This essay was originally written in 2007, but my opinion - like so many of my opinions - remains relatively unchanged.
When I was in college, our school newspaper featured an editorial page. Each week, two columnists would present opposite points of view on the issues of the day. It was a Jesuit school - Catholic, yes, but a very liberal brand of Catholic - and there weren't too many topics that were taboo. As I recall, abortion and gay rights were both discussed and debated, from both sides, numerous times.
One week, the topic was "Affirmative Action."
The young woman who favored affirmative action used a lot of the concepts we still hear today -- that women and people of color have been historically disenfranchised and underrepresented, and that affirmative action, while not perfect, is a tool that society can use so long as it is still necessary, and went on to argue that it was still necessary, and she then laid out some statistics to bolster her case.
The young man who opposed affirmative action told one simple story. It was the story of another young man, who happened to be white. This young, innocent white man earned a grade point average of 4.0 while in high school, and was in fact the valedictorian of his graduating class. In addition, he was the president of the student council and the star of the football team. He was universally loved by his teachers and fellow students. All agreed that he was destined for great things.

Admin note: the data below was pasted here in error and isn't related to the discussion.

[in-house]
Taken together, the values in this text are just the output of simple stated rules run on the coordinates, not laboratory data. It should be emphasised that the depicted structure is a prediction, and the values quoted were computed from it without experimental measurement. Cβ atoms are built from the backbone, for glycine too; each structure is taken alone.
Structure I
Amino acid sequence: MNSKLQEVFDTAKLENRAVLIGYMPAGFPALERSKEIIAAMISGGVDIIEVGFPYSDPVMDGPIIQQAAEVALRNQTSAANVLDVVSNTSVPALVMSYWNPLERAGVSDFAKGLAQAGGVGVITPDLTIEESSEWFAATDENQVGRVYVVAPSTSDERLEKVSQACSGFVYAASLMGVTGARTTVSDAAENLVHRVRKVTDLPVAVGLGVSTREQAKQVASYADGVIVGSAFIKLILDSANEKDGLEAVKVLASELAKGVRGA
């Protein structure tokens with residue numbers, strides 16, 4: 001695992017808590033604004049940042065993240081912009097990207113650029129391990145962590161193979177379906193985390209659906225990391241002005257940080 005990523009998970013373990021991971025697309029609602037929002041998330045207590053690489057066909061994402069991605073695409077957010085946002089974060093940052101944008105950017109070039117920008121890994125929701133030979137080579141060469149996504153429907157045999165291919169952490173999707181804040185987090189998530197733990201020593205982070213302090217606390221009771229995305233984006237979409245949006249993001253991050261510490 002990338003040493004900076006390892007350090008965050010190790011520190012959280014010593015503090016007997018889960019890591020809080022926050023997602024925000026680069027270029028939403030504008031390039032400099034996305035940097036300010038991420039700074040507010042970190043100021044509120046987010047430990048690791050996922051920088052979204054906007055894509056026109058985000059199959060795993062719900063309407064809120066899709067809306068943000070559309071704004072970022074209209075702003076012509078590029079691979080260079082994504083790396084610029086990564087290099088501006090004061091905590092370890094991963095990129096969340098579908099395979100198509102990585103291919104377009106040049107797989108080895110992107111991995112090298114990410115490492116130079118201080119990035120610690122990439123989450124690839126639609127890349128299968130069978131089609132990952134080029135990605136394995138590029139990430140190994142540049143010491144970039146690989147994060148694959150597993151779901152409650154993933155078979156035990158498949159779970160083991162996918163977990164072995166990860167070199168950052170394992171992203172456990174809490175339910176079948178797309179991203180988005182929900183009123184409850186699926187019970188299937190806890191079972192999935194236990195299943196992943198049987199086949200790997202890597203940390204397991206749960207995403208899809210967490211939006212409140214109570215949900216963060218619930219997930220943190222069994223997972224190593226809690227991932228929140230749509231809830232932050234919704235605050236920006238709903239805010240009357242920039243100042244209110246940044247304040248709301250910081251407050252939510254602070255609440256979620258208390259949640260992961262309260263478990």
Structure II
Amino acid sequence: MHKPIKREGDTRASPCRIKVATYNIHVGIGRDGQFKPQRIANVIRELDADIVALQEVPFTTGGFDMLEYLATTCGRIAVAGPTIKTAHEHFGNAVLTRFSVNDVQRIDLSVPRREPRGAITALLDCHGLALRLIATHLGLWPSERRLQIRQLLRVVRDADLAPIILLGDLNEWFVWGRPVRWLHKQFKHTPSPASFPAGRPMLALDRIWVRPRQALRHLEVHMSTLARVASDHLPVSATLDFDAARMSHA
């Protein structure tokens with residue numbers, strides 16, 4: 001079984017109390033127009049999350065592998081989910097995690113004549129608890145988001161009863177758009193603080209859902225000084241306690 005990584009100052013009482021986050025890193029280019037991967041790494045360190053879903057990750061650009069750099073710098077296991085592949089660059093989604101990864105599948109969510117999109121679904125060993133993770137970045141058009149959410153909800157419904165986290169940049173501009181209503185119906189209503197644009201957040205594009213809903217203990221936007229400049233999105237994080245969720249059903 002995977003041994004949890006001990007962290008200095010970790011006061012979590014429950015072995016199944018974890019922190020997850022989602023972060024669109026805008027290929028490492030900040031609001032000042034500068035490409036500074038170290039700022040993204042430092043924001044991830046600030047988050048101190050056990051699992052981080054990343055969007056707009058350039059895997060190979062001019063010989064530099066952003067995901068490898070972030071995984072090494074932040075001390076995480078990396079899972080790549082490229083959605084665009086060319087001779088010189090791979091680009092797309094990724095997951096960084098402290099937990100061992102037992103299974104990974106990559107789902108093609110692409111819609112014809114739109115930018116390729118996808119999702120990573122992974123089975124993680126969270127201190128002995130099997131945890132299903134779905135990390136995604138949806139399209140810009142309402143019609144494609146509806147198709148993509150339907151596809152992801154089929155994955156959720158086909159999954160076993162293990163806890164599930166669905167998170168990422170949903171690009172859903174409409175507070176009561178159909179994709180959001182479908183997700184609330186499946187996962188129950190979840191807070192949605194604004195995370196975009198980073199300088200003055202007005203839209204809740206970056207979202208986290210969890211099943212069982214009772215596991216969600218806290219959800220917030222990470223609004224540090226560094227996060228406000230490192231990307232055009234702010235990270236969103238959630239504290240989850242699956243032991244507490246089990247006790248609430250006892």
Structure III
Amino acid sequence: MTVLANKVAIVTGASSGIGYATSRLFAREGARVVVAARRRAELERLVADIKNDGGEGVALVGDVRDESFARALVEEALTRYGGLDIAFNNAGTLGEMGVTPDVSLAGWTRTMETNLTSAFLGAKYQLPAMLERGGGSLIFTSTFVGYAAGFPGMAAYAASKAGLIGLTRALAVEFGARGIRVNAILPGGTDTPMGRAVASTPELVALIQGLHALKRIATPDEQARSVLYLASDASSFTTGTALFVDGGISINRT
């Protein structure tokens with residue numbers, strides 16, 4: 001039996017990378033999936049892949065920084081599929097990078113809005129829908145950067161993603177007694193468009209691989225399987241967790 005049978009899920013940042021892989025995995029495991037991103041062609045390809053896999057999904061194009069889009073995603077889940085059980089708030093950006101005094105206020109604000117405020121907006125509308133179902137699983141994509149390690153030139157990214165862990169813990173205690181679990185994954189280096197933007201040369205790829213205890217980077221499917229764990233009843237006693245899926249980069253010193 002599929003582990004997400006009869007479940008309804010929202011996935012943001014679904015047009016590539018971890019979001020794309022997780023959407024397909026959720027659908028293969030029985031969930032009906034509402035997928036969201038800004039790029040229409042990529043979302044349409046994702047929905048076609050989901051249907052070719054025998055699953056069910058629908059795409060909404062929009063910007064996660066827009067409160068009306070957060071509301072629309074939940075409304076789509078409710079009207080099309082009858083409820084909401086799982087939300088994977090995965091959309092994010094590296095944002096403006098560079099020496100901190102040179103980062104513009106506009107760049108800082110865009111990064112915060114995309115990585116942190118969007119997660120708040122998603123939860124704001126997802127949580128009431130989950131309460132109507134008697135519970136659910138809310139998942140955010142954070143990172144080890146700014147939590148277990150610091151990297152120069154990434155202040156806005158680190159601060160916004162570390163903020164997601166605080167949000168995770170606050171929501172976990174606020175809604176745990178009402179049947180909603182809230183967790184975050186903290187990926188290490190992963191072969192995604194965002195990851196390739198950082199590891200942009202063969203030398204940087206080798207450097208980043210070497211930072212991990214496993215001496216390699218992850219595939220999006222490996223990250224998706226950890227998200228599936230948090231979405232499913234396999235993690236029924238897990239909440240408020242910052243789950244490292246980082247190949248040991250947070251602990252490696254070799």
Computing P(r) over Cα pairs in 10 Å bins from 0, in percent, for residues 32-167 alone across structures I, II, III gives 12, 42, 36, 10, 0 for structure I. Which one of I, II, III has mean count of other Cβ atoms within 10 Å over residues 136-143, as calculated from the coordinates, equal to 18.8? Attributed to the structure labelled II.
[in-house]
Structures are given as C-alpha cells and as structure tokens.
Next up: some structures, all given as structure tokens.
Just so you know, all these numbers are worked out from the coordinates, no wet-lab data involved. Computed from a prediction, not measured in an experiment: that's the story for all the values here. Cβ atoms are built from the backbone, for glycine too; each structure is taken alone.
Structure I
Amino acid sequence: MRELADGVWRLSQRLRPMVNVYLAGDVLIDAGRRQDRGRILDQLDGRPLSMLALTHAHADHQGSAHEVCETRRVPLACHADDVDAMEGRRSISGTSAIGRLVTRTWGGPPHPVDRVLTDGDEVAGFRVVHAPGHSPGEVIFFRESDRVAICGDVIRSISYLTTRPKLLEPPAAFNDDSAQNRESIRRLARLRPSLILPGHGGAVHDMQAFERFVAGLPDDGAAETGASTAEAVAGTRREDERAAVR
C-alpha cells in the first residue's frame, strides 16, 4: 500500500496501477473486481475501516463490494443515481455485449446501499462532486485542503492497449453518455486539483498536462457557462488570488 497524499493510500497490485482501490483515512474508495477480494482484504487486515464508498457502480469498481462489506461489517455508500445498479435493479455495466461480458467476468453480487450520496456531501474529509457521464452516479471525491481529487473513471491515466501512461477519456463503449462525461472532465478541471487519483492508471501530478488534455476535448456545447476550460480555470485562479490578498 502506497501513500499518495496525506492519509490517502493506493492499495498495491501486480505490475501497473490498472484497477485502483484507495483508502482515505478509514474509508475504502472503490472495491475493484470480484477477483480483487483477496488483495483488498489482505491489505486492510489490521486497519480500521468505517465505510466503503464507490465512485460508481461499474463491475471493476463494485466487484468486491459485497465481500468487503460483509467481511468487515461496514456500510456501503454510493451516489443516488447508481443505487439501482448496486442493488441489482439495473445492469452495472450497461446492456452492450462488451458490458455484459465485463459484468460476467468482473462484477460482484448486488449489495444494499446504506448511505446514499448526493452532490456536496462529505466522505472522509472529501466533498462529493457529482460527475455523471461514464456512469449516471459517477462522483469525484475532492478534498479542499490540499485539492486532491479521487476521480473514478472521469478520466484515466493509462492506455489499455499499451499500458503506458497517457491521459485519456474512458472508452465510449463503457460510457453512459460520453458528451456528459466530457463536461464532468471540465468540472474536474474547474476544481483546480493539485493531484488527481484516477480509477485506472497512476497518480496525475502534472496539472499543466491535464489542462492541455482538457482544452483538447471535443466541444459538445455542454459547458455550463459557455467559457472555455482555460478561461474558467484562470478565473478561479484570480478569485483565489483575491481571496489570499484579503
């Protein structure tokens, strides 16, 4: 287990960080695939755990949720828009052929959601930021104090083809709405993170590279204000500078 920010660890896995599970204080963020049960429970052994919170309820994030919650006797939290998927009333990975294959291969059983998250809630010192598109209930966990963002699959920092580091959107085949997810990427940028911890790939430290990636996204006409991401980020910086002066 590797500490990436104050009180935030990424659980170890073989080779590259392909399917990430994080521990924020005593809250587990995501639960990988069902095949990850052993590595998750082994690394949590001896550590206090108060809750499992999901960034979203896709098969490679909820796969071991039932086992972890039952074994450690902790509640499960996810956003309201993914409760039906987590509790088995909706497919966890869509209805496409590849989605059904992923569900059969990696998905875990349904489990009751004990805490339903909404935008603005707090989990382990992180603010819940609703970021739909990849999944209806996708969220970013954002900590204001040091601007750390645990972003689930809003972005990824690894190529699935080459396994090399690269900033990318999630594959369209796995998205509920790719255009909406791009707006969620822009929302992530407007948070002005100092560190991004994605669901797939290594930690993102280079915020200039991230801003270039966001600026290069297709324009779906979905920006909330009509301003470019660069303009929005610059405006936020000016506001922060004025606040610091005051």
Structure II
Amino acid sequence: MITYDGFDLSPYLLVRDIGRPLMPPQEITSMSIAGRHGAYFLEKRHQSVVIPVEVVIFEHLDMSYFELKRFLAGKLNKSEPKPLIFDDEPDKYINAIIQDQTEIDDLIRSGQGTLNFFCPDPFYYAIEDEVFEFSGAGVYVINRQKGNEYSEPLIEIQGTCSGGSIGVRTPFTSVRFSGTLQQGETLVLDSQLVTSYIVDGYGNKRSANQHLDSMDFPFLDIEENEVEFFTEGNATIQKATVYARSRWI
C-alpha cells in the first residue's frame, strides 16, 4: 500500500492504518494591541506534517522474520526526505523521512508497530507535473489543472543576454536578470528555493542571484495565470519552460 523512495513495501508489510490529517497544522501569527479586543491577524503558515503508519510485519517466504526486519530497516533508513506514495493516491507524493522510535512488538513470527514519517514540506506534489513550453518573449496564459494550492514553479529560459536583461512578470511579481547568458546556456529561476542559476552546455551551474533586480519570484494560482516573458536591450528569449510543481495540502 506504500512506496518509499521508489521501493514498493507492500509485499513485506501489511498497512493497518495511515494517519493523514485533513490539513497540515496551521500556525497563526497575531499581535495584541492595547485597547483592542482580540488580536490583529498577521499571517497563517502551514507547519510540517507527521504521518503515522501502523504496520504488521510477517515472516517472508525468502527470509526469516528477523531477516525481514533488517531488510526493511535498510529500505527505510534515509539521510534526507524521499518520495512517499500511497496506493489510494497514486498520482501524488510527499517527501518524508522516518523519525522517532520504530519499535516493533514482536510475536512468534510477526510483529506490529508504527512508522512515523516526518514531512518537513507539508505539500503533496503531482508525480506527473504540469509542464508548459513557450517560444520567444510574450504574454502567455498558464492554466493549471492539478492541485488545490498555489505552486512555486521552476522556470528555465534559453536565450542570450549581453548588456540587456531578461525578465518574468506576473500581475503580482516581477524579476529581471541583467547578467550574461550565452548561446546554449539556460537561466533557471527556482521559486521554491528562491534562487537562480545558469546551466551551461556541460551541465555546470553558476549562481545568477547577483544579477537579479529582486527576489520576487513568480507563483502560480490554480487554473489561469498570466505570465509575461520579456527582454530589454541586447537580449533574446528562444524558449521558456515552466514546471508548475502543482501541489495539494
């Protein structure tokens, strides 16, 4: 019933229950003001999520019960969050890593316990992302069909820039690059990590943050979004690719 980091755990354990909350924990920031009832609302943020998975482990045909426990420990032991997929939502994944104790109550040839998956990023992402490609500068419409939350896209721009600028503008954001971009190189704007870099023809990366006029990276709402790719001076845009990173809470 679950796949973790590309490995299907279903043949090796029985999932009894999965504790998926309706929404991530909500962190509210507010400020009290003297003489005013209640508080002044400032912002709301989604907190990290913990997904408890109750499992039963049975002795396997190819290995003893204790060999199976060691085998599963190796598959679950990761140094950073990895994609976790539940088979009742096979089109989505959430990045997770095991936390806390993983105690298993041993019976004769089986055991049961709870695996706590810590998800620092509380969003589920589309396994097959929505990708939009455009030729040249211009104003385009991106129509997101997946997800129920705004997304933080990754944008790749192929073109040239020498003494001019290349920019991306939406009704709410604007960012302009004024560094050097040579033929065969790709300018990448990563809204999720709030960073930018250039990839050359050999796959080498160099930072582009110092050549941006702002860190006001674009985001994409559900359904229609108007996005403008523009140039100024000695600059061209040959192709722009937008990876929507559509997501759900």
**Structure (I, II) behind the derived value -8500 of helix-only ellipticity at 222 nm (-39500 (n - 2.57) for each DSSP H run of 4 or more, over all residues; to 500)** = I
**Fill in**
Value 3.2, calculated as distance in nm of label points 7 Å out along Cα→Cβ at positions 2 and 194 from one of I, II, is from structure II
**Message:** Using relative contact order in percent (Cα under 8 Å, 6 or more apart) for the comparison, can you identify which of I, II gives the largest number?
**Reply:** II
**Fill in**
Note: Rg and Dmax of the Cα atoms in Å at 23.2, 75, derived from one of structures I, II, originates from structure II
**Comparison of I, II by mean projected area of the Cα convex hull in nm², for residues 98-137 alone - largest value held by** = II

But ... (cue the threatening music) ... he was denied access to our school to make room for ... (gasp!) ... black people.
Well, right away, I knew something was fishy about this story. I was not the valedictorian of my class (and it was a small class), nor did I receive a 4.0 grade point average. I was not the president of my student council, and I never set foot on the football field unless it was to sneak a cigarette during lunch. Most of my teachers liked me, but I'm sure there were one or two who thought that I was only "okay" -- more than a few times I was told that I wasn't living up to my academic potential. What the hell, I thought ... I'm having fun, and a 3.7 grade point average doesn't exactly suck.
This was my story ... and I got into this school. And if I could get into this school, then the perfect boy who was sculpted out of cream cheese certainly should have been able to survive the admissions process. And if anyone should have been denied access to our particular institution of higher learning to make room for a disenfranchised other, it should have been me.
This mythic kid was just that, I figured -- a myth. Upon reading both essays twice, I determined that the young woman had several valid points and that the young man who couldn't stop praising this imaginary victim of "reverse racism" (I hate that term, and only use it in a mocking tone) had just made the whole thing up. I made a mental note in that moment, that people who argue against equality and fair treatment for everyone are very often full of crap.
But something just occurred to me a couple of days ago. And now, I don't think that the mythic boy, the stuff of legends, the epitome of everything that's right with America was made up at all. I think he was completely real. And I believe that everything that our young anti-affirmative action activist wrote about him was absolutely true. Except that he left out one crucial detail.
The kid was home-schooled. C'mon, think about it.